These can work with limes in a chemistry sense, however, there are no accelerators which we would advise using. Furthermore, these materials are often incompatible with breathable mortars, as they often contain chloride salts which are still soluble after the mortar has set. As a result, this can lead to spalling of the mortar through salt crystallising on or under the surface.

“Chloride Free” accelerators are not designed for use with lime and will generally cause more problems than they solve. These problems include stopping the mortar setting, severe loss of workability and an undesirable patchy finish.

Lastly, not all specifiers will permit the use of admixtures for heritage projects. Always inform the appropriate parties before proceeding.

Air Entrainment

Air entrainment is commonly used in construction and can help workability and frost resistance. However, again not all specifiers permit the use of admixtures on heritage projects. It’s also worth noting that commercial pre-mixed solutions can sometimes contain pore-blocking materials, resulting in a non-breathable mortar.

Tip 7: The addition of Prompt and why it doesn’t work

Gauging Prompt into lime gives an initial set but should be considered a ‘false’ set. This is because Prompt has a very similar chemistry to NHLs; however, the initial set comes from the alumina content. After this initial set has occurred, the strength development follows a near identical path to that of NHL. So, if there is enough Prompt in the mix, this alumina will bring you over the strength requirement for frost resistance. However, this quantity of Prompt is often too high to be considered a lime mortar anymore.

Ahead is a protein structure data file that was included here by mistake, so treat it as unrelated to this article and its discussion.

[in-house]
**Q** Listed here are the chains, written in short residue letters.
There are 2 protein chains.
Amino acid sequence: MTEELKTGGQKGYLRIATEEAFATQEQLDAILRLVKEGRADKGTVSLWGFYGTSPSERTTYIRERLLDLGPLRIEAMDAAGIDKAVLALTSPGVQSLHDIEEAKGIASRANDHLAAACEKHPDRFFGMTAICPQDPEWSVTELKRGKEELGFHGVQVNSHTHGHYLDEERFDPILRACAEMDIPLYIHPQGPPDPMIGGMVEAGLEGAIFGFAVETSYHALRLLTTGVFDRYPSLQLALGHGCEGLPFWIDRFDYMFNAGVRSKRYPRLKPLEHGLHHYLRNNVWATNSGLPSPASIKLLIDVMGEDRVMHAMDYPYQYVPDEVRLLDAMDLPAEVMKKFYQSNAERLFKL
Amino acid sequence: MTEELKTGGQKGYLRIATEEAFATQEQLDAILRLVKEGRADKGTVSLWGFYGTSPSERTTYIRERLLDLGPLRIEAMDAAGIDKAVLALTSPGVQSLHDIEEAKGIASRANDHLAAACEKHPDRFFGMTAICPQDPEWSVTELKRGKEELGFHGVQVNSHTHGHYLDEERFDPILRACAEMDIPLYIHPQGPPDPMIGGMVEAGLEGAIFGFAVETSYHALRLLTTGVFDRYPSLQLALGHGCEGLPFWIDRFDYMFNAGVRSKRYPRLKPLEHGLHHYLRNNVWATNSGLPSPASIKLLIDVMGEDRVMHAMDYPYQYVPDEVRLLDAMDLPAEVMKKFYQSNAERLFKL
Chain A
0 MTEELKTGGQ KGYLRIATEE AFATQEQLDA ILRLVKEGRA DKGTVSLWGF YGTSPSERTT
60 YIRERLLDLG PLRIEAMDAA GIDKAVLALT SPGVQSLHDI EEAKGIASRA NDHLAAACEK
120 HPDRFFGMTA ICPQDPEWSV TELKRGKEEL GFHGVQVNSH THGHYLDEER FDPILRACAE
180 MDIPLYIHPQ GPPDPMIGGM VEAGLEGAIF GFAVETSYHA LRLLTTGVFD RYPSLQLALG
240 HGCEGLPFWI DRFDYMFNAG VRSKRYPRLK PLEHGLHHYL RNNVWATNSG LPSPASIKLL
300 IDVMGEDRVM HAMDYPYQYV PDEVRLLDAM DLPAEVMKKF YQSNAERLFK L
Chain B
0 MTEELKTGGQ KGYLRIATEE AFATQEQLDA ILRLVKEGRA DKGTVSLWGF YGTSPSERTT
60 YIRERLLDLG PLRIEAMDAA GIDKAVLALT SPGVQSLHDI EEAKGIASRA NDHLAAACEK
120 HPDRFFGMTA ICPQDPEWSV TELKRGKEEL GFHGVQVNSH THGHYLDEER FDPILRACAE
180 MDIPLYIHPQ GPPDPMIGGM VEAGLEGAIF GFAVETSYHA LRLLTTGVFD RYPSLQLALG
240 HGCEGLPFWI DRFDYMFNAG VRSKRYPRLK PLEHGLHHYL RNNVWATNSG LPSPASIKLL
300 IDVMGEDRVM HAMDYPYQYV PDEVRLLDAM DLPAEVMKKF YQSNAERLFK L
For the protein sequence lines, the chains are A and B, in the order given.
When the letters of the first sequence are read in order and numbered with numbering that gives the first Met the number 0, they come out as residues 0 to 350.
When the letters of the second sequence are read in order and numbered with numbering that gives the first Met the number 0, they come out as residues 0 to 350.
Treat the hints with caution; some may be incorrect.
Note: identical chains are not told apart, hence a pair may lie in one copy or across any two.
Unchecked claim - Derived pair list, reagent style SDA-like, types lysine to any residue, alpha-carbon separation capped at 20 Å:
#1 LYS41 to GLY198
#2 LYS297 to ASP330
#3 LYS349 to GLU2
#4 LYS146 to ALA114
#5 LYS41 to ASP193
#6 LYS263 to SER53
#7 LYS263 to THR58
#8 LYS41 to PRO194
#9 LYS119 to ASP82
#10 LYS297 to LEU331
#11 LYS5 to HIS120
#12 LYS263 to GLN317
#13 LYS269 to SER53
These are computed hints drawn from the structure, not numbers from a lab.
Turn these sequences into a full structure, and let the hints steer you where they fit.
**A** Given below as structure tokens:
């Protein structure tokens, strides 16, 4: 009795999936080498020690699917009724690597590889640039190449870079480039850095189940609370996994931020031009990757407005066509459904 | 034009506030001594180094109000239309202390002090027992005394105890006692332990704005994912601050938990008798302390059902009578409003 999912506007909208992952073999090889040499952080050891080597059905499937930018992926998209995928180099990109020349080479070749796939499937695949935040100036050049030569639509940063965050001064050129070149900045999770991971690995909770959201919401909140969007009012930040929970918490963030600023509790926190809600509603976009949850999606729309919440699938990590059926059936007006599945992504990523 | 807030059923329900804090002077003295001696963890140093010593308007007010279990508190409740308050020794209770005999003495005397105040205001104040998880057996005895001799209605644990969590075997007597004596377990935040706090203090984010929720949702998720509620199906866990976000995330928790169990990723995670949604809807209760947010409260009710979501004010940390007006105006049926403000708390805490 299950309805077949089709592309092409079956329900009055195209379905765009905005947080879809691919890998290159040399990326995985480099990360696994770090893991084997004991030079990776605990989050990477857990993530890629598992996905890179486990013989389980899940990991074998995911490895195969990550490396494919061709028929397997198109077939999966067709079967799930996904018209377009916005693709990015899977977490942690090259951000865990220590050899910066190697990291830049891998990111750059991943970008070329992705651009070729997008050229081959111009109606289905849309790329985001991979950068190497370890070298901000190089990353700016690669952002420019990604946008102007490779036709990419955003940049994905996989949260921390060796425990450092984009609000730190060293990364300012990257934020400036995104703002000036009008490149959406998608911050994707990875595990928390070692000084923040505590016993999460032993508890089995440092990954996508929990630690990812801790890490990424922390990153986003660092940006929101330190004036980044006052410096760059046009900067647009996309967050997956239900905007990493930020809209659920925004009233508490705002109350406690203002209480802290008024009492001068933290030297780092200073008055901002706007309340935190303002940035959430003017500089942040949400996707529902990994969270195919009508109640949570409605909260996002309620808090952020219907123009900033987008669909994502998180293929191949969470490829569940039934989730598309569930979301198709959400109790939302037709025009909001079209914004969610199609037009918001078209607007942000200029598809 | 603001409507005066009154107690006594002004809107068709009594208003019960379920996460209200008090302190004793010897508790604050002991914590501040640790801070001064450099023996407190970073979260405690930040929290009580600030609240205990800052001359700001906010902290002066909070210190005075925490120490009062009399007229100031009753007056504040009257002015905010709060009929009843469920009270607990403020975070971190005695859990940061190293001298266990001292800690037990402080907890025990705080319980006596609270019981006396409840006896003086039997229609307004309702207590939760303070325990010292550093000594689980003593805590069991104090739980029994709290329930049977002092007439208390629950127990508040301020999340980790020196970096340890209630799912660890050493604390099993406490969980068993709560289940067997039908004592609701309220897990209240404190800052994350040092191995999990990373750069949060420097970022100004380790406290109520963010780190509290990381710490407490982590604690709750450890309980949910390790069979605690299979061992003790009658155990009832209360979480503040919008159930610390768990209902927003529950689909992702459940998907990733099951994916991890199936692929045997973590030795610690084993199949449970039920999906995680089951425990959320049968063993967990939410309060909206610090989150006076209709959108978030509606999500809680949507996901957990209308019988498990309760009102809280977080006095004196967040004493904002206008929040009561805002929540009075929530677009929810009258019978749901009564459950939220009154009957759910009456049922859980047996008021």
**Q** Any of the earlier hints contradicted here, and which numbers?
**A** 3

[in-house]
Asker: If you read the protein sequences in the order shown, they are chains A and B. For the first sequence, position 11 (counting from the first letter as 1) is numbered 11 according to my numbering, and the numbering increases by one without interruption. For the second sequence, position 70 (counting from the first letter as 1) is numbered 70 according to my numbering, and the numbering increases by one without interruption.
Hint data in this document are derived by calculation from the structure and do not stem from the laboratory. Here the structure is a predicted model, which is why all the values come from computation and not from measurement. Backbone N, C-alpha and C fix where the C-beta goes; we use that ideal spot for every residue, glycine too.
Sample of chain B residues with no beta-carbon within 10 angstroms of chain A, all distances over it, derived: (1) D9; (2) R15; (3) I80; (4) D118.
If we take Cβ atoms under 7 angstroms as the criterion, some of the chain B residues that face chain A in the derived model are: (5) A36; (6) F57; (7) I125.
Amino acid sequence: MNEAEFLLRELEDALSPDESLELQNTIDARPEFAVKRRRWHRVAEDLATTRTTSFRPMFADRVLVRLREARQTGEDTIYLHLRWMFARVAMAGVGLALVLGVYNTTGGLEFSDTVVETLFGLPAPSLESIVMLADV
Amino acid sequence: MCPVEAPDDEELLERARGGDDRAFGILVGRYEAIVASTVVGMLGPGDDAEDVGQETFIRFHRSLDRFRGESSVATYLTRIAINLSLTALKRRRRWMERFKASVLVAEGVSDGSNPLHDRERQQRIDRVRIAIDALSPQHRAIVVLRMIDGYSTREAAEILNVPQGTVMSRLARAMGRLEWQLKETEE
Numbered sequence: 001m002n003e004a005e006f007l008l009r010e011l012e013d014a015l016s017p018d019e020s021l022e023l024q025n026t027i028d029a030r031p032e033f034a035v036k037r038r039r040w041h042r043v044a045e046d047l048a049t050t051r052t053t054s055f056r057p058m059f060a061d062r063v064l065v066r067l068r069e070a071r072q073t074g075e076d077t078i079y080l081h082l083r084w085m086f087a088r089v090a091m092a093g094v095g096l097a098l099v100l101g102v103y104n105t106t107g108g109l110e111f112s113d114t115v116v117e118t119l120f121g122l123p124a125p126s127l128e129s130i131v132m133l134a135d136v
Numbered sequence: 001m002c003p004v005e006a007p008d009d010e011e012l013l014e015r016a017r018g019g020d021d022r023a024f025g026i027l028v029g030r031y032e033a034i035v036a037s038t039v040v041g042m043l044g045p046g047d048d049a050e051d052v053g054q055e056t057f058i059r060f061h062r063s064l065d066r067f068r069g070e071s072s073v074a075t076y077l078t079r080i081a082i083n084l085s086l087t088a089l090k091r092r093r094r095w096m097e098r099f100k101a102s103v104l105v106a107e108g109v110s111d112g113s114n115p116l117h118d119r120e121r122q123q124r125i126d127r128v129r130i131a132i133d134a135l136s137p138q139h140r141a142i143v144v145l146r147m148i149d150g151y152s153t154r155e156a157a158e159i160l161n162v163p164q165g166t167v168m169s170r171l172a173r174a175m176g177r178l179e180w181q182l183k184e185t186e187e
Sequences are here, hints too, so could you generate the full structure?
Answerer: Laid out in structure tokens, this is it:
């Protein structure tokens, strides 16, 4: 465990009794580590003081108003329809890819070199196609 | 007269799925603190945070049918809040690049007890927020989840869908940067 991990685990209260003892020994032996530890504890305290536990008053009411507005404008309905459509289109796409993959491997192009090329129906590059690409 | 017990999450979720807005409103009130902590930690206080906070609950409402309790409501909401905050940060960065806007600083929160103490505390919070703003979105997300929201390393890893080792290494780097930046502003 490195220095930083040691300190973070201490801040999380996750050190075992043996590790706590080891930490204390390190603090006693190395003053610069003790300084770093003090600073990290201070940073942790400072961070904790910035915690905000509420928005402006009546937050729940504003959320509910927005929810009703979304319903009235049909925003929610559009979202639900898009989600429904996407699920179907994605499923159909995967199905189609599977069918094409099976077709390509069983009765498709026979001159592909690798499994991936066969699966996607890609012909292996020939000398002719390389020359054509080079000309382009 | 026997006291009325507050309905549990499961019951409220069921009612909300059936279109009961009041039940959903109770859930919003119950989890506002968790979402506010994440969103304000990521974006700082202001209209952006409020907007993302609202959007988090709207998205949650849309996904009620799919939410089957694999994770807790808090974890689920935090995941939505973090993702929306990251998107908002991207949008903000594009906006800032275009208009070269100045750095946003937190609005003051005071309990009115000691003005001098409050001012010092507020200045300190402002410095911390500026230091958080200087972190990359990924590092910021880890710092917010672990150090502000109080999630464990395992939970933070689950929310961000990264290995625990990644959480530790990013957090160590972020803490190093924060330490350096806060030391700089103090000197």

Below are test results conducted in-house based on a 2:5 mix, where the Prompt is used as a replacement for NHL3.5. These samples were all cured at 4oC and made with our CLS28 sand.

  • Below 35% Prompt by binder volume, a mix will still take 4+ weeks to achieve frost resistance.
  • An approx. 60% replacement of lime with Prompt will give frost resistance after around a week.
  • An 80-85% replacement of lime with Prompt will provide frost resistance after a day.

At the 80% level, the replacement quantity with Prompt to achieve a fast frost resistance is so high that it’s not a lime mortar anymore; it’s a natural cement mortar. So while Prompt is a fantastic product suitable for many applications, it’s still not a lime mortar. It’s less breathable, less flexible, and harder.

Tip 8: Appropriate workwear and PPE

When working in the winter, it is important to dress warmly and take precautions against the cold. Extra layers of clothing can make a big difference, but remember that lime is an alkaline material, and the appropriate PPE should always be worn and fit correctly. Have a project planned? Browse our range of PPE.

The information provided by Cornish Lime is for informational purposes only and does not amount to a specification. Every project is unique, so please consult a professional before undertaking a project. Use of this site and reliance on any information on the site is solely at your own risk.